“And now you see him, and obviously he came from Kansas City, he worked with Coach Reid, where I worked with Coach Reid. And you learn a lot just being under his [Andy Reid’s] tutelage and what he can teach you as a young coordinator or position coach.”

“It doesn’t surprise me that the success that the Giants are having,” Pederson said. “I would put quite a bit on Kafka for that success, and understanding the quarterback position and how it’s to be played. You see it in the play of Daniel Jones and you see it in the offense. I think the world of Mike and maybe one day he’ll be a head coach as well.”

Andy Reid is renowned as one of the best and most creative coaches in the NFL. He has not only elevated the West Coast Offense to an art form, but he’s reached into the college ranks as well as deep into the NFL’s history for inspiration. Both Pederson and Kafka learned how to design and call an offense from Reid and his philosophy.

Pederson said, “I think a lot of it is to think out of the box, don’t be don’t be restricted to whether you can or can’t do something. I think it’s an it’s a growth mentality, where you have to consider all possibilities and where you can challenge your players offensively.”

“I think that’s something that Andy has taught me and all the guys that have worked for him,” he added. “And I know Mike’s in that same boat where you think out of the box, and it just allows you to free your mind up. And not from a play calling standpoint, but sometimes from a play design or how you want to use a certain player and it just allows you be yourself, but at the same time be aggressive with the personnel that you have.”

On Travon Walker, Josh Allen, and coaching a very young team

The Jaguars have spent quite a bit of draft capital on their front seven in recent years. Now their defensive front boasts a pair of athletic EDGE defenders in 2019 7th overall pick Josh Allen and 2022 first overall pick Travon Walker.

While neither has been truly dominant, both have been big contributors to a good Jaguars defense.

Speaking about his young edge defenders, Pederson said, “Josh is a player that is has been dynamic and trying to complement him with Travon to get them both around the quarterback as much as we can.”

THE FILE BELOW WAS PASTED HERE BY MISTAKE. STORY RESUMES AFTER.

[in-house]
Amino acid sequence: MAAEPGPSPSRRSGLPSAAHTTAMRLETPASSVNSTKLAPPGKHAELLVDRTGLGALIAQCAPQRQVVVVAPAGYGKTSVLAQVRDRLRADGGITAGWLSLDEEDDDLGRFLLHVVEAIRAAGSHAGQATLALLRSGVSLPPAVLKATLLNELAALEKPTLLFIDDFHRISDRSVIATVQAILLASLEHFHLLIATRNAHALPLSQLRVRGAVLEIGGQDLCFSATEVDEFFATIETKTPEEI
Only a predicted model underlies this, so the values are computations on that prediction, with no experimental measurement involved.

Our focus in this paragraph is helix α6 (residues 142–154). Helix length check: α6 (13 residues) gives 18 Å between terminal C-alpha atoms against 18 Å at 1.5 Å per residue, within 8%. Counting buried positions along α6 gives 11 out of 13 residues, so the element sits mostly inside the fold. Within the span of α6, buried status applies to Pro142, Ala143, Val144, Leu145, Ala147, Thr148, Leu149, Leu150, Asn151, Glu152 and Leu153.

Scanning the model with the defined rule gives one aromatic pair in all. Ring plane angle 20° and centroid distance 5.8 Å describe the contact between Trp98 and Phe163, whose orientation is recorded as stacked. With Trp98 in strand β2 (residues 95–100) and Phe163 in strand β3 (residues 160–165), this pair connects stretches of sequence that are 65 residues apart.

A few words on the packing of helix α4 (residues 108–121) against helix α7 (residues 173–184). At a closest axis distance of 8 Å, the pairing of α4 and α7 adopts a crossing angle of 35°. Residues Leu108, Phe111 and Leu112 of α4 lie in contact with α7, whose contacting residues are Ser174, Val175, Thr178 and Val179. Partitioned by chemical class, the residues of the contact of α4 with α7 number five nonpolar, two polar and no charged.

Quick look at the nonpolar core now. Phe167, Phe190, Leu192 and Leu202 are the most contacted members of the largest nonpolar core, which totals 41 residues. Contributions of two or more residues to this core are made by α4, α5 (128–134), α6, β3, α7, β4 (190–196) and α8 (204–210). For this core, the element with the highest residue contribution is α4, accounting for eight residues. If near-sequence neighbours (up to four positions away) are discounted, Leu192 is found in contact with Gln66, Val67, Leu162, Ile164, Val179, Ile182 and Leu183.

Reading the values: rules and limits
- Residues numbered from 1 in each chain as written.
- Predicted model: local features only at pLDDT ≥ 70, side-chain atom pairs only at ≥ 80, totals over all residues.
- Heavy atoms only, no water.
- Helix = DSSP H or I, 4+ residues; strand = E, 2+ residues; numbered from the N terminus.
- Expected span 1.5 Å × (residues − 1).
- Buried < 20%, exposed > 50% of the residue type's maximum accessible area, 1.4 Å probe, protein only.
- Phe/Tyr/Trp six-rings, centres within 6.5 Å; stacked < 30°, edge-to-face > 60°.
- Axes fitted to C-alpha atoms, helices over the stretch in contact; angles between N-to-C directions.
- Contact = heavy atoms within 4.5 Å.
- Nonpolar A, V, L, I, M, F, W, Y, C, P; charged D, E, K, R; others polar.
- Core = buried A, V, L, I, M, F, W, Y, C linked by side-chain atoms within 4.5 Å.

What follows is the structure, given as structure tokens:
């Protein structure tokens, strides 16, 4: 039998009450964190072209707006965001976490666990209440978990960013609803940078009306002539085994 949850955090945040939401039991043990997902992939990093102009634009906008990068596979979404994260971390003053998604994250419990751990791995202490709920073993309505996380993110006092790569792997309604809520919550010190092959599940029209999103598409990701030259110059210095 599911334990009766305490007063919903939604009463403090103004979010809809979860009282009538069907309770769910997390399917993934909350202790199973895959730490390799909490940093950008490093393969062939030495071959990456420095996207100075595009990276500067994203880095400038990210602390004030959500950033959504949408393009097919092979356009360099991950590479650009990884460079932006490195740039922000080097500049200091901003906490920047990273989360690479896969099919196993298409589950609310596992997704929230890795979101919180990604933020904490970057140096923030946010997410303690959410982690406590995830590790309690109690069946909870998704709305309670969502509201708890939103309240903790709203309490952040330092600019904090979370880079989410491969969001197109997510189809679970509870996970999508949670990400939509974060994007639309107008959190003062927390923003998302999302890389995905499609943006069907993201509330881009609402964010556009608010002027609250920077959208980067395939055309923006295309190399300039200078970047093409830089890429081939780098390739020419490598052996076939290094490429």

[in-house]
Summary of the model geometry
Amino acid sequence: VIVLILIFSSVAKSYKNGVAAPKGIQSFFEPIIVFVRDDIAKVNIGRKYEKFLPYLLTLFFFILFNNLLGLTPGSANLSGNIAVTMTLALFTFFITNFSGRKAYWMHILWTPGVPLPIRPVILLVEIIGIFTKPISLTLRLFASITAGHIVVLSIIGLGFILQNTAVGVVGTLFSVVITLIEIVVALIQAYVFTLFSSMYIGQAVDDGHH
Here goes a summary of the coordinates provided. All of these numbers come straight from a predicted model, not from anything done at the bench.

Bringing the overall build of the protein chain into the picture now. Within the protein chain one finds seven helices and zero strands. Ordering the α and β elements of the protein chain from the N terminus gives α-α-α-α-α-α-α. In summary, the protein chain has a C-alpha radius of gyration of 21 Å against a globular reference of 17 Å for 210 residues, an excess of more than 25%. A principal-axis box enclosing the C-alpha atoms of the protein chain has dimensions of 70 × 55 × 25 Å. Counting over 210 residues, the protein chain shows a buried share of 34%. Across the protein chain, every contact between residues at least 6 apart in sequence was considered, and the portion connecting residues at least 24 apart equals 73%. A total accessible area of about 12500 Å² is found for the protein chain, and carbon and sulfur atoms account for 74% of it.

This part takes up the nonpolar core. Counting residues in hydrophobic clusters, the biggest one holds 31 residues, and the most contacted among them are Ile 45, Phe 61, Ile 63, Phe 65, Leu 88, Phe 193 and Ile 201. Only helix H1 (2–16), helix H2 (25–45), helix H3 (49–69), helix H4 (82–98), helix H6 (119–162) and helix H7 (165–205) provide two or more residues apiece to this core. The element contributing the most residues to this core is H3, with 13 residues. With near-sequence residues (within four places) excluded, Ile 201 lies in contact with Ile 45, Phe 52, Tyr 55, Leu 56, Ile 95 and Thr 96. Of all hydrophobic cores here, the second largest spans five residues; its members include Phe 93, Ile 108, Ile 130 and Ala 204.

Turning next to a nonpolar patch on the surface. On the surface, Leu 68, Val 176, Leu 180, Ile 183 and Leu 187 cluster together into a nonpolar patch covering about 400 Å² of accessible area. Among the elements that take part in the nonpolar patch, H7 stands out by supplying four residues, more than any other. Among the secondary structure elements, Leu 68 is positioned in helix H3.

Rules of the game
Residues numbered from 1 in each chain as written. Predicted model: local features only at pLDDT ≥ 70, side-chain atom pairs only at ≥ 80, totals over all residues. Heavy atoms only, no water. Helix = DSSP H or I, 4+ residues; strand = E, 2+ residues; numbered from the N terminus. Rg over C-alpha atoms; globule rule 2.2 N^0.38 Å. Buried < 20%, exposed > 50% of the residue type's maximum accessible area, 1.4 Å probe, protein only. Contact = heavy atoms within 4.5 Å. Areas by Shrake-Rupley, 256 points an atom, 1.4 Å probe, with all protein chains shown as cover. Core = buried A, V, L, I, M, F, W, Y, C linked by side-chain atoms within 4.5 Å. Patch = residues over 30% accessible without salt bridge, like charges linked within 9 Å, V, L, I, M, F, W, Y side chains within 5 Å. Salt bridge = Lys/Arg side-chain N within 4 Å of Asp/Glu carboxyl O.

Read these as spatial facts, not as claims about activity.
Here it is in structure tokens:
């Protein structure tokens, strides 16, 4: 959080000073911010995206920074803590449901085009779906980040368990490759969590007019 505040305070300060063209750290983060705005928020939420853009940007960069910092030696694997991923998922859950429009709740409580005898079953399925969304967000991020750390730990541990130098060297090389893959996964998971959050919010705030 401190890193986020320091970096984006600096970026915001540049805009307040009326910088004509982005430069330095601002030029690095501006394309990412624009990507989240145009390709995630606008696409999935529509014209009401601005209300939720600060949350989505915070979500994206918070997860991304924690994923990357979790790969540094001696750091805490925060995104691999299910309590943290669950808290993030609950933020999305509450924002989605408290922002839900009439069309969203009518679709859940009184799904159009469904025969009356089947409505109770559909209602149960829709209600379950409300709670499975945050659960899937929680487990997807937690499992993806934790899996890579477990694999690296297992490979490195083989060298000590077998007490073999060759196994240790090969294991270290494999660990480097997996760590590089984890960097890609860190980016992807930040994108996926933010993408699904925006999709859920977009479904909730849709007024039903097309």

But While Allen hasn’t gotten the sack numbers the Jaguars might want to see form him, he has gotten to the quarterback with another 10 hits, five tackles for a loss, and a pair of forced fumbles.

Pederson added, “Josh is a tremendous leader. He works extremely hard and the one thing I don’t want him to do is get frustrated with the sack production or things of that nature. Just gotta keep working, but we really like where Josh is and how he’s how he’s been playing.

The Jaguars have a very young team, and it has been a process for Pederson to get his young pieces to gel.

“Well, that’s just it,” he said, “you got to try to get them to gel extremely fast. You know, the game goes by fast. The games themselves are fast. Again, it just goes back to what their strengths are, and putting him in position to be successful.”

“And at the same time,” he added, “you still want to be able to allow him to grow as a player and grow into their roles. And I think it’s a great problem to have. I think we’re the third or fourth youngest team in the league right now by age and you kind of understand that you may go through some growing pains from time to time, and we’ve experienced that this year already. And yet, that’s how you learn. That’s how you get better as a football team, and you don’t try to minimize those each week.”